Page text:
Sunday, May 23, 2010

Spring: A look back

Having first moved to Europe in the spring, our first trip was perfectly timed to take us to the Keuknhof Gardens in Holland.  Spring means everything is blooming in most places, including this amazing collection of gardens.  Unfortunately, spring is taking its sweet time this year where we live, so I'll take this opportunity to reminisce about a much warmer and colorful spring six years ago, our first overseas.

It was late April, one month to the day since we arrived on the Continent, and a few friends were planning a trip to the Netherlands, specifically to see Amsterdam and the Keukenhof Gardens.  We lucked out in that we were just in time to jump on and tag along, making this our first weekend away.  We'd just moved into our first apartment in the small beach town of Tirrenia, Italy, and were excited to start traveling.

We flew up to Belgium on one of the wonderful, budget airlines Europe has to offer and rented a car for the rest of the trip, spending the first night somewhere along the way to Amsterdam in Belgium.  I remember sitting down for dinner at the hotel restaurant, and after being ignored for a little while, our server dropped a stack of menus at our table and continued on her less than hurried way.  This restaurant accommodated its international guests by having menus in various languages, and ours were in German.  I guess we had a German look to us, being four blond women and my husband, all with light eyes, and perhaps a little short to be Dutch.  When we waved down our server and politely asked for English menus, it was as if the icy outer layer melted away and she jumped with a smile to serve us.  That was how I first learned that there still exist hard feelings between some nations of Europe because of World War II.  I guess coming from a place so far where the only contact with this world is via history books makes it difficult to imagine the real life effects of such horrific events.

The next day belonged to the amazing city of Amsterdam, where I have to admit, I was surprised by the simple and innocent beauty of the place.  I suppose when all you know of a place is that there you can legally get high and purchase sex, it's easy to overlook the possibility that it might actually have some history and beauty.  

The quote across the building:
"To make a prairie it takes a clover and one bee,
 One clover, and a bee,
 And revery,
 The revery alone will do,
 If bees are few."
                   - Emily Diskinson

My favorite museum in the city, and quite possibly the world so far, is the Anne Frank House.  If I'm being honest, I'm not crazy about history and I tend to become quickly saturated in even the most amazing art or history museums, but this House held my attention all the way through.  Maybe it was because I walked the same floors that helped to hide this famous journaler's family not too many years ago, climbing the same steps of the hidden staircase that took them to their refuge.  Maybe it was because it was the first time I was experiencing such a personal piece of history about which I'd learned in school, standing, breathing and being in the very place where Ann stood, breathed, and was.  I've since visited the Louvre, the Prado, and the Vatican museums, to name a few, but the Anne Frank House remains the one that touched me the deepest, reducing me to silence and the need for solitude as I walked between its walls.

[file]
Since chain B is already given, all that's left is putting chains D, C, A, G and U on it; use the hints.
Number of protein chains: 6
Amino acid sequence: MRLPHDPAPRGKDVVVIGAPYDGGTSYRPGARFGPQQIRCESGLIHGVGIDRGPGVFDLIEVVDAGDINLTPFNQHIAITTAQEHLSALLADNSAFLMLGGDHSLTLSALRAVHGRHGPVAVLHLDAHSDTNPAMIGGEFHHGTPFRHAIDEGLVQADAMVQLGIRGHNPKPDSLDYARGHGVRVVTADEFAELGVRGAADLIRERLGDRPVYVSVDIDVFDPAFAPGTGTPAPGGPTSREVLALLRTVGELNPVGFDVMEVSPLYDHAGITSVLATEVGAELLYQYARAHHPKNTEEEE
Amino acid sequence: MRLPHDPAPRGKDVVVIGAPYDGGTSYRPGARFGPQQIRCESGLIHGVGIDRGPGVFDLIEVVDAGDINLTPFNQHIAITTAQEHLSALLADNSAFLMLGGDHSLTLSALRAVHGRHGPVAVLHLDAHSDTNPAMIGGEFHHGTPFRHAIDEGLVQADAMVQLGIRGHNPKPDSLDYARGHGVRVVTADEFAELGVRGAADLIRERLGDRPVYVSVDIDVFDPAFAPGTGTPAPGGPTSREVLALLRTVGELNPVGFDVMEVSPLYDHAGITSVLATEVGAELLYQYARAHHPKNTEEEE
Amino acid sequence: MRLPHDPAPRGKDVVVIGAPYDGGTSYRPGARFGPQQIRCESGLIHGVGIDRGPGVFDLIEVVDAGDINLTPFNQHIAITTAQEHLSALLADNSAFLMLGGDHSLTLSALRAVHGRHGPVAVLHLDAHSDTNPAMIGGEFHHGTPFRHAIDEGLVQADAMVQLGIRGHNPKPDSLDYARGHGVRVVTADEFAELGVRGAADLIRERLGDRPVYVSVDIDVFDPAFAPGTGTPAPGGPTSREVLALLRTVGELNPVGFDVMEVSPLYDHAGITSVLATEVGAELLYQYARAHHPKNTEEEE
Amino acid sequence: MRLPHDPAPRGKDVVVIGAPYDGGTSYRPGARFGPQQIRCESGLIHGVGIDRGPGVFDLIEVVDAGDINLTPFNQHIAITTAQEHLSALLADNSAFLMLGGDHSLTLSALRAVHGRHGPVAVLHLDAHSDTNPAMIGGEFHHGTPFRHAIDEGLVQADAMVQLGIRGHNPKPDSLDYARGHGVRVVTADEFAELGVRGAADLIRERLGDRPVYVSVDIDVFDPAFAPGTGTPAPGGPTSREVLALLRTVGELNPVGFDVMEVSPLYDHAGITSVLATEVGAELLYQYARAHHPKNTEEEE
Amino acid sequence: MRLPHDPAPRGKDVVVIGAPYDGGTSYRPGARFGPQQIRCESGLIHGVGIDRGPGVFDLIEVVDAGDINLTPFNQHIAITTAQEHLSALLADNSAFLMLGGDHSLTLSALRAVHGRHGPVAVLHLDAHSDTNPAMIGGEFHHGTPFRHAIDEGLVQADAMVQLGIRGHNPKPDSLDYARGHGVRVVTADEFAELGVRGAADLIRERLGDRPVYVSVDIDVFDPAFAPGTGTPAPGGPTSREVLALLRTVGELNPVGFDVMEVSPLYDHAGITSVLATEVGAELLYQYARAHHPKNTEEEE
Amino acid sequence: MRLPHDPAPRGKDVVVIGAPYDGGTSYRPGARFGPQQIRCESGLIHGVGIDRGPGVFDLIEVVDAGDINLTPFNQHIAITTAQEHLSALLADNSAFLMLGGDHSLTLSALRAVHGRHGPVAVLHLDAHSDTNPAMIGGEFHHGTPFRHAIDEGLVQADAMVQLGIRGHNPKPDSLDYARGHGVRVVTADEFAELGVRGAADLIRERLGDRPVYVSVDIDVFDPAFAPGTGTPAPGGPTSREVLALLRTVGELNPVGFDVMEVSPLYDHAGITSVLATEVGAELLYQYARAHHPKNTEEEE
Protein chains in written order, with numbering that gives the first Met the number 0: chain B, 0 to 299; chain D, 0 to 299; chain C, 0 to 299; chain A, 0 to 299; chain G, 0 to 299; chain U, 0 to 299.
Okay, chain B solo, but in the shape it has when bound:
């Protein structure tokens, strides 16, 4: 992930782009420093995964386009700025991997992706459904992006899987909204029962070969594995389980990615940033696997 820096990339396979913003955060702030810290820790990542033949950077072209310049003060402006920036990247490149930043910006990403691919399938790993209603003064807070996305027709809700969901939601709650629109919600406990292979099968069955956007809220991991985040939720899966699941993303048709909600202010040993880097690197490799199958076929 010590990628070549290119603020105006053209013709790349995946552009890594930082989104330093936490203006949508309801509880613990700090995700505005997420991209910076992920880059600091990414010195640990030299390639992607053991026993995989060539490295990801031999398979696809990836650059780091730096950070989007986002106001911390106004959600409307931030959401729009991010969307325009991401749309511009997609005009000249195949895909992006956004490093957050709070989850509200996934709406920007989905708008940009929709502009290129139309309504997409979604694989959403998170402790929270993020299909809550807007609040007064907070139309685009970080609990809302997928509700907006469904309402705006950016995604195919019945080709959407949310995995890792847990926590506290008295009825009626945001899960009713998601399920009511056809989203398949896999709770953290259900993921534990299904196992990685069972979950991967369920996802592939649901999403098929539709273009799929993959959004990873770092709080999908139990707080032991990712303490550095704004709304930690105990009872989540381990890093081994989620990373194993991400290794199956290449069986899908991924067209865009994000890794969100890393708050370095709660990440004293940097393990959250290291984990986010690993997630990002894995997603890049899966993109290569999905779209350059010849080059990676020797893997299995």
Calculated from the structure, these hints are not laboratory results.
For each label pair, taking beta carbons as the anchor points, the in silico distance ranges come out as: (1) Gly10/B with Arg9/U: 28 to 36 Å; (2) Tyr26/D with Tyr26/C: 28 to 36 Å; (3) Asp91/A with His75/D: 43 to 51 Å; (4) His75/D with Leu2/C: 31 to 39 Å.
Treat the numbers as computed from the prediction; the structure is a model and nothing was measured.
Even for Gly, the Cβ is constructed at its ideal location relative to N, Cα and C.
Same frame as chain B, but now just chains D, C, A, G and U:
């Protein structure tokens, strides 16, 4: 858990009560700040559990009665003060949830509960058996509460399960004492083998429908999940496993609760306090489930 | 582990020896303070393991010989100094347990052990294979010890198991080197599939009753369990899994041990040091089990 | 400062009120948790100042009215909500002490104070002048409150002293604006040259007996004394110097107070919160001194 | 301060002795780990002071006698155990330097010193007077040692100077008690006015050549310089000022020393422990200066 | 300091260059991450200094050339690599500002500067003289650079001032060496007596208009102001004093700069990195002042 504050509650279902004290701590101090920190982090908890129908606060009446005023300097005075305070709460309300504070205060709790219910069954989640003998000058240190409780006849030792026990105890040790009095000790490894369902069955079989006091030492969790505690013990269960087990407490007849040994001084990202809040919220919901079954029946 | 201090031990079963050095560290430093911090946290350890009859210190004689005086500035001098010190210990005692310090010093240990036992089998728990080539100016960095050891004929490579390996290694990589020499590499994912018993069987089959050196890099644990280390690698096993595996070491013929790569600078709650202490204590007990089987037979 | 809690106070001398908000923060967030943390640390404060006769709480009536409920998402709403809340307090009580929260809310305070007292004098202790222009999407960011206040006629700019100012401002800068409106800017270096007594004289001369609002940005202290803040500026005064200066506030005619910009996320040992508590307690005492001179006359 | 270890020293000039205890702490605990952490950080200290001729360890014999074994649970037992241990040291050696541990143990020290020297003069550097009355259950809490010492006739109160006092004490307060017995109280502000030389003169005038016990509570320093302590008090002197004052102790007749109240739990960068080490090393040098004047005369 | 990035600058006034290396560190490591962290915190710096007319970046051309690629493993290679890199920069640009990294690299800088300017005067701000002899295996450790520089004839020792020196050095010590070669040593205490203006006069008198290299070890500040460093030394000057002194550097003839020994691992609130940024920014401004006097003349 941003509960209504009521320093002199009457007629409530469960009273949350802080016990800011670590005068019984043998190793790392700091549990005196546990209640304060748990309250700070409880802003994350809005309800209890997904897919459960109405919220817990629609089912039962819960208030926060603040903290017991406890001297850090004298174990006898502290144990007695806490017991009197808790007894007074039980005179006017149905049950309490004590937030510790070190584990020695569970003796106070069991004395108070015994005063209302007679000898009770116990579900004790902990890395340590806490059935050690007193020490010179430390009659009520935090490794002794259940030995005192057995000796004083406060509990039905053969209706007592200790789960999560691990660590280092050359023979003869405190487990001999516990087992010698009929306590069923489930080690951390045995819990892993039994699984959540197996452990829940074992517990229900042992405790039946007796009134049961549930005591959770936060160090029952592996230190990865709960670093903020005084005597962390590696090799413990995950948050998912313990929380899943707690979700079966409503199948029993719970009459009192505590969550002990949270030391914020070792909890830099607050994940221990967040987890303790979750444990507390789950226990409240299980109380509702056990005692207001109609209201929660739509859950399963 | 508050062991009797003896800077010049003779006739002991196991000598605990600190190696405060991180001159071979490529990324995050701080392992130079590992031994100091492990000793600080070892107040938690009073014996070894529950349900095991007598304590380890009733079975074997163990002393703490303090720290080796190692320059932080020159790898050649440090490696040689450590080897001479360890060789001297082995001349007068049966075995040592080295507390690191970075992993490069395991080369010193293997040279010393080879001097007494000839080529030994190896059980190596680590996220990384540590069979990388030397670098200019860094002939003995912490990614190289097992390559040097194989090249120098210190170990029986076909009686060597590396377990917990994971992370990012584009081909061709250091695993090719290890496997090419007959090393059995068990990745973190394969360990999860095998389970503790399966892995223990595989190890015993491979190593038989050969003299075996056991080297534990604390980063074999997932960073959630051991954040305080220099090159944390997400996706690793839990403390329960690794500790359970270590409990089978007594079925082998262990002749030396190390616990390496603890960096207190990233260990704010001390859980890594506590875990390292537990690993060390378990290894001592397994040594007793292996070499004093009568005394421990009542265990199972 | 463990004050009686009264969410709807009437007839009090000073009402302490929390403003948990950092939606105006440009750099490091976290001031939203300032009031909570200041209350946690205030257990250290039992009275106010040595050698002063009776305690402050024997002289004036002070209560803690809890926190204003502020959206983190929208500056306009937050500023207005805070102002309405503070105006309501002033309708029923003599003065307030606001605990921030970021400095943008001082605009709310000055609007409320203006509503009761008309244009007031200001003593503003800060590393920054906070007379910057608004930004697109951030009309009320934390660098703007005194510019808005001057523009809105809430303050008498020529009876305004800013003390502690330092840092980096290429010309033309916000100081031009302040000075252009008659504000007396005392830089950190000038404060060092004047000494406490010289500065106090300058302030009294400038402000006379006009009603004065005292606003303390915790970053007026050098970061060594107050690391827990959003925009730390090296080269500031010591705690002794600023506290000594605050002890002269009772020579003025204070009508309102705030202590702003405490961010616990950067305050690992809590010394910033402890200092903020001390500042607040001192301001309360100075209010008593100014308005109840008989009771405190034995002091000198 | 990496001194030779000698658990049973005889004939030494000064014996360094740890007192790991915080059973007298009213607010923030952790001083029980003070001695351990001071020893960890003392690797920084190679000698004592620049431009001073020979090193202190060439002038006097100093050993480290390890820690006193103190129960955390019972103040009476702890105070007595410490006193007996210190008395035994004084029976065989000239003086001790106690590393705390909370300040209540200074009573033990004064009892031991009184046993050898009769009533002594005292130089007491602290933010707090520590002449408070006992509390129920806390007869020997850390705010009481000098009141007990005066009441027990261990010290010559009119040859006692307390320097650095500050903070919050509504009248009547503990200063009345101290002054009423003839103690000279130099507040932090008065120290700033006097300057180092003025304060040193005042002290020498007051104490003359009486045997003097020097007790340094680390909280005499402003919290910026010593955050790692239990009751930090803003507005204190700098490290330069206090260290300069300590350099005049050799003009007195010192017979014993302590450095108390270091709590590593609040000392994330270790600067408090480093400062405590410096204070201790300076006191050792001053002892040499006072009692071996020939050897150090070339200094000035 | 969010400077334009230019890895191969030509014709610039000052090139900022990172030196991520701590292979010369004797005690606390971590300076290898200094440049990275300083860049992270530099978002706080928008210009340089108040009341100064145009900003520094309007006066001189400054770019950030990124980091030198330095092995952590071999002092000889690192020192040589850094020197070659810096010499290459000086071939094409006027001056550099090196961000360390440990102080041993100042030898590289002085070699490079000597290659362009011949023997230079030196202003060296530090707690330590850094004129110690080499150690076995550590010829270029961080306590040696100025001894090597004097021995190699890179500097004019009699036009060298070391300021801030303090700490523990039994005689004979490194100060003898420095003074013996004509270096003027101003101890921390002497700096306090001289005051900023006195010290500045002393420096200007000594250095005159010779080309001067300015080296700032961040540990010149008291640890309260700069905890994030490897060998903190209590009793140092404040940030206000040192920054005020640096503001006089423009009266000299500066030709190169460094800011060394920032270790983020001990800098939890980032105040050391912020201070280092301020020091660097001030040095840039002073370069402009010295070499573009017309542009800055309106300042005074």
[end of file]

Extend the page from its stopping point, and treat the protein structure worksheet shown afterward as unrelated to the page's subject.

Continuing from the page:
Of course we also visited the Van Gogh museum, the Red Light District and the Hard Rock Cafe, against Chris and my better judgement.  What we did not understand just a month into living abroad, but would come to appreciate after a more suitable amount of time passed, was that after living in such a place as Italy for a while, a place where the people are very proud, and rightly so, of their exquisite cuisine, one starts to miss the variety other places in the world offer.  Italian food is some of the very best I've ever had, and boasts a rich respect and love of wholesome food, but sometimes you just want sushi, or Mexican, or even a big, juicy, hamburger.  Enter Hard Rock and its all-American menu and drinks - with ice!  Our travel companions would not have us lunching anywhere else, and as Chris and I were the newbies, we were in no position to argue.  So we slightly begrudgingly ate our burgers and fries and tried not to feel cheated out of a chance to experience something of the Dutch palette.  

PS - We get it now.

The following day we drove to the Keukenhof Gardens.  On the way we kept an eye out for the tulip fields for which Holland is known, and in an attempt to capture one such field from the moving car I accidentally captured this instead:

There's some perfect timing.

Upon arrival to the Gardens, we paid our entrance fee and did not emerge until nearly the end of the day.  They were expansive and they were immaculate, the colors seeming too bright and rich to be real.  These are among my favorite photos from that day.

Red and White, the colors of our wedding a few months earlier.

This one makes me feel tiny.




Dear Spring, please come to Germany and bring with you days and days in a row of sunshine.  We've missed you.  


  1. Your pictures and memories brought back my memories of our trip to Kuknhof Gardens in 2008. The flowers were gorgous then too. I was just talking to someone yesterday about visiting the Anne Frank House and how "moved" I was to have walked where Anne and her family walked. I can't imagine what they went through. It was my favorite museum too Lindsey.